The Weekly Insight – June 5
This Week in Review
Last Week from Texas Insight
- Zika Virus: CRS Experts 5-10-17: We provide name, contact information, and expertise of various Zika virus CRS experts
- Judicial Review of Medicaid Work Requirements Under Sections 1115 Demonstrations 4-28-17
- Use of the Annual Appropriations Process to Block Implementation of the Affordable Care Act (FY2011-2017) 5-11-17: This report summarizes the ACA-related language added to annual appropriations legislation by congressional appropriators since the ACA was signed into law.
- Regulation of Clinical Tests: In Vitro Diagnostic (IVD) Devices, Laboratory Developed Tests (LDTS), and Genetic Tests 4-11-17: We review what these regulations are and how they will affect current clinical tests.
- Health and Human Service Commission: Women’s Health Advisory Committee: We provide minutes on the recent quarterly meeting of the women’s health advisory committee.
- Preventable Hospitalizations in Texas: We review preventable hospitalizations in Texas, their economic costs, and potential solutions
- Texas’ Overhaul of Child Welfare: Part I: This article is the first in a series discussing Governor Greg Abbott’s last-minute signature of four bills meant to dramatically improve the functioning of the Department of Family and Protective Services and its largest program, Child Protective Services. This first piece will examine some of the failings that put child welfare on Governor Abbott’s list of ‘emergency items’ for the 85th session, and provide an overview of the legislation aimed at their correction.
Health Policy News
- As lawmakers return to Capitol Hill following the recent recess, the GOP is more pessimistic than ever about their ability to pass healthcare. Sen. Richard Burr (R-N.C.) has said “I don’t see a comprehensive healthcare plan this year.” Cornyn (R-TX), however, predicted last Wednesday that the overhaul bill will hit Trump’s desk “by the end of July at the latest.”
A majority of the public disapproves of repeal and replace efforts, according to a recent poll from the Kaiser Family Foundation. Published last Wednesday, the survey found that 55 percent of the public has an unfavorable view of the American Health Care Act. That same percentage of people want the Senate to either make significant changes to the AHCA, or not pass it at all.
As healthcare faces continued uncertainty, state insurance commissioners are scrambling to keep insurers from leaving their states. Many commissioners http://thehill.com/policy/healthcare/335797-white-house-preps-broad-exemptions-from-birth-control-mandateare offering new, previously unheard of flexibilities to keep them in the market. Commissioners are trying to stave off their biggest fear – that every carrier pull out of a market, leaving people with no ACA plans to buy.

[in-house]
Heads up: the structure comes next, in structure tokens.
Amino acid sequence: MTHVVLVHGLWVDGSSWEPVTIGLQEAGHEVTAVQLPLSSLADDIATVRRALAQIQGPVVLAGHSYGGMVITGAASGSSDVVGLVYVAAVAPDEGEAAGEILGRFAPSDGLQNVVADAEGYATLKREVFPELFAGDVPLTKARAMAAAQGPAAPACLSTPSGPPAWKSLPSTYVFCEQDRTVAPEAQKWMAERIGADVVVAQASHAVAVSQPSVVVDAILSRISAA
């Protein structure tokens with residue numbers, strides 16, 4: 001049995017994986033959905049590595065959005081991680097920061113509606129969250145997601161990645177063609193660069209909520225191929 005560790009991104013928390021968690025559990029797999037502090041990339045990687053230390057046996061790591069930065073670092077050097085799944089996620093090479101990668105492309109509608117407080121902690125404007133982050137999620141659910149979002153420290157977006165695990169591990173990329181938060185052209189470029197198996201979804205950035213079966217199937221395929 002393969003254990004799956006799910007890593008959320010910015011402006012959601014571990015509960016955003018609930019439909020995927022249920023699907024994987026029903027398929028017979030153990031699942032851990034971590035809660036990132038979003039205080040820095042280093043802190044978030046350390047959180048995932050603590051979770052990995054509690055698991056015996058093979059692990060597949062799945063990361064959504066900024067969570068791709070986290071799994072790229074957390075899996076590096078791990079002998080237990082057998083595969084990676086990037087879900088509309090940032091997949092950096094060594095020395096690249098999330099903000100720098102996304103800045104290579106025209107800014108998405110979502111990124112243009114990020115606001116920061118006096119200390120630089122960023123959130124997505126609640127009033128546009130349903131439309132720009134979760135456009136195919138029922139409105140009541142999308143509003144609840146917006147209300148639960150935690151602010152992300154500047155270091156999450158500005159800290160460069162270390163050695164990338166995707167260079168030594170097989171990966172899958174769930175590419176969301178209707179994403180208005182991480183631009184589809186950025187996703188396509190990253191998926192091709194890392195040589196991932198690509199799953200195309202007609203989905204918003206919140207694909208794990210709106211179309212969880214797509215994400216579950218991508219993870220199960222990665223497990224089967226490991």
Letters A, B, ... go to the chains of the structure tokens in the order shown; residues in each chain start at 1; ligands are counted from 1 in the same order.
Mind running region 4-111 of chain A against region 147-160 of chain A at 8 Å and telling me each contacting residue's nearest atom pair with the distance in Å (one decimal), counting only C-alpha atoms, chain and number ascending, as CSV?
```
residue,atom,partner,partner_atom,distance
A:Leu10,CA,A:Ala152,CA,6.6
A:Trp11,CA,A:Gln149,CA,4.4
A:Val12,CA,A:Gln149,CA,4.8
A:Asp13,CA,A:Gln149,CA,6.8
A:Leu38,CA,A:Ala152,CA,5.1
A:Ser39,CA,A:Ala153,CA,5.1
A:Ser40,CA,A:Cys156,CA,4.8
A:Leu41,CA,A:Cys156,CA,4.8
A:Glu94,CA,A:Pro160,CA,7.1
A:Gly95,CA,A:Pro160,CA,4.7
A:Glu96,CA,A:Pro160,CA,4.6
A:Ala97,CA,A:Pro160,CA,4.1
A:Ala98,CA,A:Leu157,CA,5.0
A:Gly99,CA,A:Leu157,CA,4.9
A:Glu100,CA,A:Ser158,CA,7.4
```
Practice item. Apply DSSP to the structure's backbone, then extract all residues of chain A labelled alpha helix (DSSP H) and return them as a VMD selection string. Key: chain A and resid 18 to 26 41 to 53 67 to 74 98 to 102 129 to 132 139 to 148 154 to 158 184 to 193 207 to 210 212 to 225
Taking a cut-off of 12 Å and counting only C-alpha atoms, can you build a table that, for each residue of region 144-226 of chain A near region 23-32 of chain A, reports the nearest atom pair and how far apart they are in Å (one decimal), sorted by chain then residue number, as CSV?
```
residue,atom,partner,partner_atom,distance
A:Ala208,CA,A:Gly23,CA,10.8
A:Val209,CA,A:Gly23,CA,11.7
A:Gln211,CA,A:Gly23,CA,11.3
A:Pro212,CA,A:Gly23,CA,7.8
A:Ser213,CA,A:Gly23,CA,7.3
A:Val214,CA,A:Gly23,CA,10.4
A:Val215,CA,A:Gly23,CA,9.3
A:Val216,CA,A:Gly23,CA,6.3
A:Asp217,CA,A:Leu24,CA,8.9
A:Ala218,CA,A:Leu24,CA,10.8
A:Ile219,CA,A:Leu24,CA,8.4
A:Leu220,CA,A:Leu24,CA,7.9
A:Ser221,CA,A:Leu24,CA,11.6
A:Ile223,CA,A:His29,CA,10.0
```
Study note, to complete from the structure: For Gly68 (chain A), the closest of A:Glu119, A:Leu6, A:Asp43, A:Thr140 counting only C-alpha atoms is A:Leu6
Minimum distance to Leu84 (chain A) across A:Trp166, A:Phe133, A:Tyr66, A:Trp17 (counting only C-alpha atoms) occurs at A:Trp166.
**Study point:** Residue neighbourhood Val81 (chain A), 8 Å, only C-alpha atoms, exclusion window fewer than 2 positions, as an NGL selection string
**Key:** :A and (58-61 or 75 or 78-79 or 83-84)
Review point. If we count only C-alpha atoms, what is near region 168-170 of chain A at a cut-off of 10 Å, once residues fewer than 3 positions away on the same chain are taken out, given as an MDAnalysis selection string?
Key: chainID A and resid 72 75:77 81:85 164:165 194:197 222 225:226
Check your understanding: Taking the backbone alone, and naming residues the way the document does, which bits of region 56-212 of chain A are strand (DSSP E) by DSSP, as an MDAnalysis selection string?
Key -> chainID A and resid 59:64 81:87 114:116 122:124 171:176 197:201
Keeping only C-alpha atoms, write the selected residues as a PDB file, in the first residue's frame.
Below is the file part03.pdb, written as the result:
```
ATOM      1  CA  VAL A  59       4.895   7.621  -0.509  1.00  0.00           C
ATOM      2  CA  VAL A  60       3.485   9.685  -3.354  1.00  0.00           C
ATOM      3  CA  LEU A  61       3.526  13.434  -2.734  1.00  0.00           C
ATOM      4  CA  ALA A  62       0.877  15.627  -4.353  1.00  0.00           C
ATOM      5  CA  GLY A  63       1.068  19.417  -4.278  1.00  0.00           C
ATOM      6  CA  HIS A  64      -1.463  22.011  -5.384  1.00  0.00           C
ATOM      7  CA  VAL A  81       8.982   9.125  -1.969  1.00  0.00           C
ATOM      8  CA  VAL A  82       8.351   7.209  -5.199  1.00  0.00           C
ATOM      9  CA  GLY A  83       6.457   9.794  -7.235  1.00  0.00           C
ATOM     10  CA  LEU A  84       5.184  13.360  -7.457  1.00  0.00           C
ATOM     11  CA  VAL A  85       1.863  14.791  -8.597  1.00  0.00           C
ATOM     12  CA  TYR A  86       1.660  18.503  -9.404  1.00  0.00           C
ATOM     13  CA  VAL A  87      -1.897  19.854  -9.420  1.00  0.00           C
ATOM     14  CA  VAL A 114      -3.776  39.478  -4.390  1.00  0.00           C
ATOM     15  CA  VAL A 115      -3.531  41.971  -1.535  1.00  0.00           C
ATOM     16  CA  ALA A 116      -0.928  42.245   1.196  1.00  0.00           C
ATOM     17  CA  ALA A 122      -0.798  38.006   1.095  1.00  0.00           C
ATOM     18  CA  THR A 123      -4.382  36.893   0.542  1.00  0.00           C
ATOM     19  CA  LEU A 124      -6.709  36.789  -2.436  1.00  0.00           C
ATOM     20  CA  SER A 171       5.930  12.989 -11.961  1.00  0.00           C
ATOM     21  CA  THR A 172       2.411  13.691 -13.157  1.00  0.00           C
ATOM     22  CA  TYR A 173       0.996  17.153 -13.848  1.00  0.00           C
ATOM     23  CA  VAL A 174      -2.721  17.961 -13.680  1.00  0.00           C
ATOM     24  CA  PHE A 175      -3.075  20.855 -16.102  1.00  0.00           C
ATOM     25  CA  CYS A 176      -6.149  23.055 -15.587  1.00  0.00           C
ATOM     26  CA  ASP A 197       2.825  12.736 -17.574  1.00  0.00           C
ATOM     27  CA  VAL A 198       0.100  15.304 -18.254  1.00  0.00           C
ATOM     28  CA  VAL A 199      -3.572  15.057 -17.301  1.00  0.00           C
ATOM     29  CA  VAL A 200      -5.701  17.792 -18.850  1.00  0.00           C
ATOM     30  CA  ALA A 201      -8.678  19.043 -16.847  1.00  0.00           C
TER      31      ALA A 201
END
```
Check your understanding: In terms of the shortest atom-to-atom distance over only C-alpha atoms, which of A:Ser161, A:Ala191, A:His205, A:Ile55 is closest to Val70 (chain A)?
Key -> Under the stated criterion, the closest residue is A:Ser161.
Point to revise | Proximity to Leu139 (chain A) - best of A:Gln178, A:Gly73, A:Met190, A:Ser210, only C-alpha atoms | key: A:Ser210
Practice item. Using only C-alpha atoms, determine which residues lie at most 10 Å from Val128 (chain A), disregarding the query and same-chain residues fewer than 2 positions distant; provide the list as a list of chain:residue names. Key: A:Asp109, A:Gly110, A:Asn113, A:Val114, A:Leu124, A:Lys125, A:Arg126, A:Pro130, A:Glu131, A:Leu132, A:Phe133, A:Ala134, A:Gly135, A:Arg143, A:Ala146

Pennsylvania insurers have asked for prices of their ACA plans to rise by an average of less than 9 percent in 2018. But they also warn that the rate increases could be 23.3 percent higher in 2018 if the ACA’s individual mandate ends.
The Trump administration is poised to make changes to the ACA’s birth control coverage mandate, by granting broad exemptions to employers that object on religious or moral grounds. The ACLU is preparing a lawsuit if the rule goes into effect as drafted.
The state of Ohio has sued five major drug manufacturers for their role in the opioid epidemic. Filed Wednesday, the lawsuit alleges that these five companies “helped unleash a health care crisis that has had far-reaching financial, social, and deadly consequences in the State of Ohio.” Named in the suit are: Purdue Pharma, Endo Health Solutions, Teva Pharmaceutical Industries and subsidiary Cephalon, Johnson & Johnson and subsidiary Janssen Pharmaceuticals, Allergan. The lawsuit accuses the companies of engaging in marketing campaign to downplay the addiction risks of opioids, and exaggerate the benefits of their use.
According to the Department of Health and Human Services, the U.S. government may have overpaid drugmaker Mylan N.V. by as much as 1.27 billion between 2006 and 2016 for its EpiPen. The amount is nearly three times a proposed settlement Mylan announced in October.
Ben Carson, head of the Department of Housing and Urban Development, made controversial comments about poverty beings a “mind-set” issue last week. He suggested that a driven individual, with the “right mind-set,” could lift themselves out of poverty. His comments ignore research and data that suggest living in poverty, and its associated stressors, can rob people of their ability to have the “right mind-set.”
Texas state lawmakers have largely failed to take any significant action to address the state’s skyrocketing maternal mortality rate, months after researchers found it is the highest not just in the US, but the entire developed world.